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Lithium costs a lot of money—so why aren’t we recycling lithium batteries?

Image of batteries arranged in the outline of a recycling symbol.

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Earth Day is April 22, and its usual message—take care of our planet—has been given added urgency by the challenges highlighted in the latest IPCC report. This year, Ars is taking a look at the technologies we normally cover, from cars to chipmaking, and finding out how we can boost their sustainability and minimize their climate impact.

Electric vehicles, power tools, smartwatches—Lithium-ion batteries are everywhere now. However, the materials to make them are finite, and sourcing them has environmental, humanitarian, and economic implications. Recycling is key to addressing those, but a recent study shows most Lithium-ion batteries never get recycled.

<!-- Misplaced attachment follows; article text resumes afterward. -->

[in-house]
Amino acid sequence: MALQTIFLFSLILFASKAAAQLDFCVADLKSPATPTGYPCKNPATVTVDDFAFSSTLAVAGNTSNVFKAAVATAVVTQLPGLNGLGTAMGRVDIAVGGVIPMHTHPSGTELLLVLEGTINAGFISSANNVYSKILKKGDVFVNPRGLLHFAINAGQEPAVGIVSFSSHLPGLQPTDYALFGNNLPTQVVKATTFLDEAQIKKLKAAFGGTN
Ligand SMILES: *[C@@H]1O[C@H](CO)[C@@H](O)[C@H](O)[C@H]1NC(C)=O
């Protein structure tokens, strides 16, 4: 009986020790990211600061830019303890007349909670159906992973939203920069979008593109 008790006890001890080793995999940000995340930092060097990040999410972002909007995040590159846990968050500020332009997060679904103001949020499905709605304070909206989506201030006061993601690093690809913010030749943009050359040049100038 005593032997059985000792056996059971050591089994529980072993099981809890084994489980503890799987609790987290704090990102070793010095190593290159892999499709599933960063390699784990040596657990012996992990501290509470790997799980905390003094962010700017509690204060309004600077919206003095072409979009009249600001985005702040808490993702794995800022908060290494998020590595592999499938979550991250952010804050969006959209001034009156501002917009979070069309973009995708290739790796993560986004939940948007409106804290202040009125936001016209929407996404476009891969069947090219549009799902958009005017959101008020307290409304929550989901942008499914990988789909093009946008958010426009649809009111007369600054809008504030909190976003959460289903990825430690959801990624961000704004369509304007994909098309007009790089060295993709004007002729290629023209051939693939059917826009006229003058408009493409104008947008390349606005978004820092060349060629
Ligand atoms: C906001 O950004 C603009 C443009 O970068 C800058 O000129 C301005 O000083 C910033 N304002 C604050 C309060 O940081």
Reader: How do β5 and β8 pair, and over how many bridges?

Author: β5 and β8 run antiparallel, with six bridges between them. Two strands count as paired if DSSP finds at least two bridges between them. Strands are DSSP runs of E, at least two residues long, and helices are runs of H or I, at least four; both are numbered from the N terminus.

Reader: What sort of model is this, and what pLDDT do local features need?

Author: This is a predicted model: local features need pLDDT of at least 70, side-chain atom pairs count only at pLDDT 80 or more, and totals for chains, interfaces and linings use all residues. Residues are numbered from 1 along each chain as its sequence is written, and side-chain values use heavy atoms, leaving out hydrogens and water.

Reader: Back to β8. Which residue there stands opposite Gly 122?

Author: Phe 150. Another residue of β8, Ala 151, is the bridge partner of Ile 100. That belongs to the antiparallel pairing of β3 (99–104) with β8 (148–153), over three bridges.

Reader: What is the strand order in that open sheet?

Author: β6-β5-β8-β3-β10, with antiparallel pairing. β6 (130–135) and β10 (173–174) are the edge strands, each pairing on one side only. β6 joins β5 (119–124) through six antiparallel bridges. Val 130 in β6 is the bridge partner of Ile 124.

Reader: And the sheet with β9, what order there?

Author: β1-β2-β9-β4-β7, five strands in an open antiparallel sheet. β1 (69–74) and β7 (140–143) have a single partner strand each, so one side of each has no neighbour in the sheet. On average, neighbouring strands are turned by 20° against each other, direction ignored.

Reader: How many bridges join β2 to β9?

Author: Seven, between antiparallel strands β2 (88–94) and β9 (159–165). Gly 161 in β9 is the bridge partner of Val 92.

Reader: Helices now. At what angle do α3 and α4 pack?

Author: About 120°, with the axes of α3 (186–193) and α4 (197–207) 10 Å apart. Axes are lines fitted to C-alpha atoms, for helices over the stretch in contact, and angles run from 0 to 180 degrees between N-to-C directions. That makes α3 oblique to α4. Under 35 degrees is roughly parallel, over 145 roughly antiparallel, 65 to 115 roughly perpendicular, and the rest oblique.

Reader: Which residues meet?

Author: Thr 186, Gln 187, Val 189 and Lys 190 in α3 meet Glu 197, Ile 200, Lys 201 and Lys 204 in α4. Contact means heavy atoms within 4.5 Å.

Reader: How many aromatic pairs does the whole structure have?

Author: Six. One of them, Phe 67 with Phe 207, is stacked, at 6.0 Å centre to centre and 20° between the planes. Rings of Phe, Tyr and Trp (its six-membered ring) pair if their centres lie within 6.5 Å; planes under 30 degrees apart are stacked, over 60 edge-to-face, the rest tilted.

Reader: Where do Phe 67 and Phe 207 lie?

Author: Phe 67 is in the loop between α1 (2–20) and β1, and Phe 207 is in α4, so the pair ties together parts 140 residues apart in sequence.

Lithium and several other metals that make up these batteries are incredibly valuable. The cost of raw lithium is roughly seven times what you’d pay for the same weight in lead, but unlike lithium batteries, almost all lead-acid batteries get recycled. So there’s something beyond pure economics at play.

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